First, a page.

• Decision: This is a vital and crucial point where the user decides whether to attempt change or continue using the substance. Many times, they might decide to continue until, one day, they change their mind about it. 
  • Action: The point of motivation where the user attempts to change. At this turnaround point, it is important to keep the motivation up even if the attempt fails. One needs to be patient and gentle with themselves. Perseverance and determination are key. Family and friends can support a great deal by helping the user to remain goal-oriented, encouraging and celebrating successes and ignoring the ill effects of initial withdrawal symptoms.
  • Maintenance: A stage of maintenance sounds easy as the physical dependency is tackled already. Although it’s time to maintain the gain made and focus on rebuilding a life, many times, if the motivation drops, one might relapse. Again, a support group can be a very good resource. It is also important to keep busy and have an active social life. Avoiding ‘risky’ groups who will encourage drinking is crucial. The user might have to rehearse what to say when offered a drink, to deal with awkwardness. 
  • Relapse: A return to the previous behaviour doesn’t mean all is lost. There is always a possibility of gaining useful strategies to extend the maintenance period on the user’s next attempt. A relapse is also a stage on the path of recovery if one is aware and motivated. 
De-addiction is quite possible if the user chooses a healthy and safer lifestyle. Like any change, it requires determination, self-compassion and patience. Professional help from a psychiatrist and/or a therapist, to deal with withdrawal symptoms, may be needed on the path to recovery.


-Dr Sangbarta Chattopadhyay and Dr Namita Bhuta

are medical practitioners and practising psychotherapists. They conduct individual and group therapy sessions


Saturday, 6 October 2018

Q n A: Teen Daze: T2 (The telegraph) Article dated 7th Oct'2018

Q. Of late my daughter, who is in Class VIII, has become a compulsive liar. She lies even about basic things, like what she had for lunch. Is this a psychological condition or a passing phase?

When a child learns to lie it means they are learning to use their imagination to influence their reality. However, for a girl in Class VIII this is not normal. 
Communication is the key to solving problems, so sit her down and talk to her. Ask her about what’s going on in her life and why she is lying. There may be some stressors that she may have been facing, which is leading her to behave in this manner. Also, is she just lying to you or to everyone? If she is lying to you then you may need to change some aspects of your interaction with her. Explain clearly what is non-negotiable for you. Be firm. Angry outbursts often have a counter-productive effect on children with behavioural problems.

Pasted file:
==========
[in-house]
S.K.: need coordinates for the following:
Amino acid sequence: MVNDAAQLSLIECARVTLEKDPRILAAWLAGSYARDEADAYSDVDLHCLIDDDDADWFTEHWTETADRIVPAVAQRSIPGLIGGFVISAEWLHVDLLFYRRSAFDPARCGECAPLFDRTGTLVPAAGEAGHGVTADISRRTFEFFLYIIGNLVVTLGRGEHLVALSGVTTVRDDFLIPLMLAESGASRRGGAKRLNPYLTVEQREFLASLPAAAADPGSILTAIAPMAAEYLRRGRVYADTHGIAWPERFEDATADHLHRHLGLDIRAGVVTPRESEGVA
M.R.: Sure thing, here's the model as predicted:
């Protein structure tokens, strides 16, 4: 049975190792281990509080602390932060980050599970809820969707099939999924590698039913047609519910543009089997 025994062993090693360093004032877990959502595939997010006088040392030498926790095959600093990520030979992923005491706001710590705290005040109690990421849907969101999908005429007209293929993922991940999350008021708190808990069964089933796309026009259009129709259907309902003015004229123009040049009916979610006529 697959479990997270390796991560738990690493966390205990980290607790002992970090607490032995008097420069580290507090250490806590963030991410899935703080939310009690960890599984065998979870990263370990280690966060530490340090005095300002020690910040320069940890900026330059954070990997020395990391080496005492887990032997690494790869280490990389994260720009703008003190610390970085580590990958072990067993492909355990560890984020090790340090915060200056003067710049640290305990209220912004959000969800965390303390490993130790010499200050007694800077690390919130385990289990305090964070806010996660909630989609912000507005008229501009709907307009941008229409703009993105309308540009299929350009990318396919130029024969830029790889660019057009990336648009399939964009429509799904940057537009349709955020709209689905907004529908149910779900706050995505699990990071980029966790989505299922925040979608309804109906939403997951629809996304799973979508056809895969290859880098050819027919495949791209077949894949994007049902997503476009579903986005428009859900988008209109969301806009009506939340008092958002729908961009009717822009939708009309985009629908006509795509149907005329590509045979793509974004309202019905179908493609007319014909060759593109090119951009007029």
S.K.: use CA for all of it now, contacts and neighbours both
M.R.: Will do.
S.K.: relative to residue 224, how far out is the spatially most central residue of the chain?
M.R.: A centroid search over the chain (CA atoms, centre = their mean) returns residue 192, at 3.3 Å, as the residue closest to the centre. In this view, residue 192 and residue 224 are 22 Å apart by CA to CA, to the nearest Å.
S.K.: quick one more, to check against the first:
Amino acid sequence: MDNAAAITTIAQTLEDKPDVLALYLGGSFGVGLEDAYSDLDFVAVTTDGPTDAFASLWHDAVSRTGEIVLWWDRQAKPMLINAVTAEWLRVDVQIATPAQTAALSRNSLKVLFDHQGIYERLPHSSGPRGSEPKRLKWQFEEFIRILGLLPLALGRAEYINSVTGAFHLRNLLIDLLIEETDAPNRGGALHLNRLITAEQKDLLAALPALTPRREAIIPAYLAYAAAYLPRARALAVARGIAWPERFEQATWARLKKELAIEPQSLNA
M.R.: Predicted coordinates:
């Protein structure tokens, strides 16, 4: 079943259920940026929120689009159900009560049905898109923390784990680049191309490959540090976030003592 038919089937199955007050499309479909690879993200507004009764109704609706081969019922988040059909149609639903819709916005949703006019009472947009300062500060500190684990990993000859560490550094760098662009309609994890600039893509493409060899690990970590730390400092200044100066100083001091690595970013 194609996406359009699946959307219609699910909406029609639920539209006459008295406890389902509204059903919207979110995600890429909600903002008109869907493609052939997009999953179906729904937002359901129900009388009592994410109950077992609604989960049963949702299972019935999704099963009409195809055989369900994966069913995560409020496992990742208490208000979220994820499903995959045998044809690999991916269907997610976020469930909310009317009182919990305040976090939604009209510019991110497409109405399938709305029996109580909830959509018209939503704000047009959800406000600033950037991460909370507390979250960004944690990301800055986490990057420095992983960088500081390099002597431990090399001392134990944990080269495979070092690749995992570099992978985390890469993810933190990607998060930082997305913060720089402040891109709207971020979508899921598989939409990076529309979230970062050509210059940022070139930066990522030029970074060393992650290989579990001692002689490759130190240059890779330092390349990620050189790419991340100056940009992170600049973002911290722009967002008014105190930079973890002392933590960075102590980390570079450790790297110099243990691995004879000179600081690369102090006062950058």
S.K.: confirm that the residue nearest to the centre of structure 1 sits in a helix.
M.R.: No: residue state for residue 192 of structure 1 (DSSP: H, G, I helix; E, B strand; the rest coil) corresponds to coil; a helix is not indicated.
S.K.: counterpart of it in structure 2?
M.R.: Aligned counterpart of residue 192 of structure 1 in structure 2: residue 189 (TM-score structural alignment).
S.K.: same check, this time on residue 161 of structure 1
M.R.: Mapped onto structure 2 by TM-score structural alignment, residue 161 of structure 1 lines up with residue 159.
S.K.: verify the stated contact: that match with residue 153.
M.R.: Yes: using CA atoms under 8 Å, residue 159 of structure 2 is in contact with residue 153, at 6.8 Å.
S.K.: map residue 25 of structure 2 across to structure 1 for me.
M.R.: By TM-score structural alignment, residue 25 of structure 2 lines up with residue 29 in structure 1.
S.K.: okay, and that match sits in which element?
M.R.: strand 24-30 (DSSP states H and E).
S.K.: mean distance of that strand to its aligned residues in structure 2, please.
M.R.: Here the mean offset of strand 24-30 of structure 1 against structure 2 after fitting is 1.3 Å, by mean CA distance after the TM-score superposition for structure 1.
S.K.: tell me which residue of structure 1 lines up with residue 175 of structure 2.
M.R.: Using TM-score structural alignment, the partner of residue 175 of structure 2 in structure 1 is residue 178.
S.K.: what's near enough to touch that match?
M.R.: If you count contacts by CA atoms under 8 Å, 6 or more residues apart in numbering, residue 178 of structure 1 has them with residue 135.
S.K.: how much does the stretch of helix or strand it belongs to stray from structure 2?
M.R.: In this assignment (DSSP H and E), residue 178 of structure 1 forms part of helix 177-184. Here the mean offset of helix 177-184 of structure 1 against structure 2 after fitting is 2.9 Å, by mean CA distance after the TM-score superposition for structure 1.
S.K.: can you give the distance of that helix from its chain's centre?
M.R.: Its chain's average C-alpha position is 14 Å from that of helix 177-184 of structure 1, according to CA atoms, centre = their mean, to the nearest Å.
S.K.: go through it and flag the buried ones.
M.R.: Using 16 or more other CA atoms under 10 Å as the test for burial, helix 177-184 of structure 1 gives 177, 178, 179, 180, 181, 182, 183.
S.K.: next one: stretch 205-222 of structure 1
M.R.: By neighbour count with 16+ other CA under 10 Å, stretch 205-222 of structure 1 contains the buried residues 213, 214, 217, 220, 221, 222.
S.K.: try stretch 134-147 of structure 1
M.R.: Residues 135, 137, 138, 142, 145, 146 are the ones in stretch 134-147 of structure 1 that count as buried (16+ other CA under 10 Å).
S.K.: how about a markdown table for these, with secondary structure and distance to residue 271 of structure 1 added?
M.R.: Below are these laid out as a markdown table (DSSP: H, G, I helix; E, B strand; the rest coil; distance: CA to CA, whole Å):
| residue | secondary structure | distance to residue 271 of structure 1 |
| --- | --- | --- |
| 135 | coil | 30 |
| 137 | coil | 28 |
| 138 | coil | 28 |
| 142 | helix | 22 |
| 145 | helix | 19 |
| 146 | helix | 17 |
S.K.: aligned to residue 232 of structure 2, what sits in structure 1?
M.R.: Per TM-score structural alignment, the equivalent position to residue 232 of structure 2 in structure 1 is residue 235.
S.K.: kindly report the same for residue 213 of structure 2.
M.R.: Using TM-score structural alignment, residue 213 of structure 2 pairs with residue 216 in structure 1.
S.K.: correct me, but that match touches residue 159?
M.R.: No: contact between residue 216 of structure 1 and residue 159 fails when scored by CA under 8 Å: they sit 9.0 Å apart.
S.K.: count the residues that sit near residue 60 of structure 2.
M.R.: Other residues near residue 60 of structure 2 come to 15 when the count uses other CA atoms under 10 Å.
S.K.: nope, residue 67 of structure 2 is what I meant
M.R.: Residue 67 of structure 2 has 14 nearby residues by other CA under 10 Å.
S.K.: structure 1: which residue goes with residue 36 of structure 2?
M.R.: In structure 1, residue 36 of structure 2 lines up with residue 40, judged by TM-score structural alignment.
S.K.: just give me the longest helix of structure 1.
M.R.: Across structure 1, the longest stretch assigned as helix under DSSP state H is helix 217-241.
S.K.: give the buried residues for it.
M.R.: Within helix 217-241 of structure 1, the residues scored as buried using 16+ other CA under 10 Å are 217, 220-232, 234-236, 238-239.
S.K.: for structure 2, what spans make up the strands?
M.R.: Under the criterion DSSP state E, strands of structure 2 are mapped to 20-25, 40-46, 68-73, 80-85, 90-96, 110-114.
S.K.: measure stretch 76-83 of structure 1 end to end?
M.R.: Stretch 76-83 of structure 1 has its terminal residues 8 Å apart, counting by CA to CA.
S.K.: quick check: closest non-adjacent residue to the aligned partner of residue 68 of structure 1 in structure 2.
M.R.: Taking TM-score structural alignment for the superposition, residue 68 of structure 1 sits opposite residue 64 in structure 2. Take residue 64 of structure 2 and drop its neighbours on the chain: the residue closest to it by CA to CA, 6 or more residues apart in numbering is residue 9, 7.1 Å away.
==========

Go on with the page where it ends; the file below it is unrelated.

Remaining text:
You may need to reiterate that lying is not acceptable. However, when you tell her that lying is not right, you have to be flexible to be able to deal with honesty. You need to be able to acknowledge and reward her each time she chooses to be honest instead of lying. If you think that the problem is getting out of hand, you can also take help of a counsellor. The counsellor should not only be able to help your daughter but will also be able to tell you what’s happening to her and help you interact better with her.

Q.I have a 17-year-old son who dropped out of college. He is now doing his graduation through distance learning. The problem is, he refuses to go out of the house and do anything. There are days when he doesn’t even get up from bed all day. He doesn’t like interacting with anyone. We have not been able to persuade him to see a counsellor. Please suggest what to do. 

This indeed is a tricky situation. The whole interaction depends on your shared dynamics. First, what led him to drop out of college? Maybe that is still the reason he is behaving the way he is. Be open and ask him if there is something that is going on and he’d like to share. Explain to him that you are very concerned. 
Encourage him to talk to you without nagging or prodding him. If he trusts you enough, perhaps, he will open up to you eventually. When he does, do not try to tell him what he should do or should not do or offer solutions and advice immediately. Just listen to him and ask him what he would like to do, so that he does not go on feeling the way he is. 
Reaffirm that you want him to enjoy life, go out and socialise and if he doesn’t, it may not be healthy. If he denies there is anything wrong, then encourage him to join in activities with you. Go for walks or to the gym together. If his mood and behaviour stay the same, then take him to a psychiatrist or a psychotherapist saying that as one goes for a medical check-up this is also to be sure that everything is all right with him.  Be firm but don’t lose your cool. You need to be tender yet persuasive to get through his resistance. 

Q.My son is an extrovert, quite a popular child in school. He is 15. Recently I have observed that he is stammering, especially at social gatherings. He is becoming very conscious of it.

Stammering can be due to psychological stress or sometimes due to a physical issue. However, since it has just started, it is more likely to have a psychological cause. Talk to him without making him feel judged or weird about himself. Try to find out if there is something that’s bothering him. Has he been anxious of late or has there been some incidence that is bothering him? You can take him to a counsellor if he is not opening up to you. 
At times, even after one deals with the psychological components, one needs to retrain their speech to overcome the impediment. Take him to a speech therapist, who, in this case, is the most qualified to help your son. Be sensitive to what is happening to him and do not keep correcting him when he is speaking.
Q.I’ve come across a stash of ganja in my 16-year-old son’s drawer. I can’t decide if I should confront him or let it be this time and keep an eye out in future?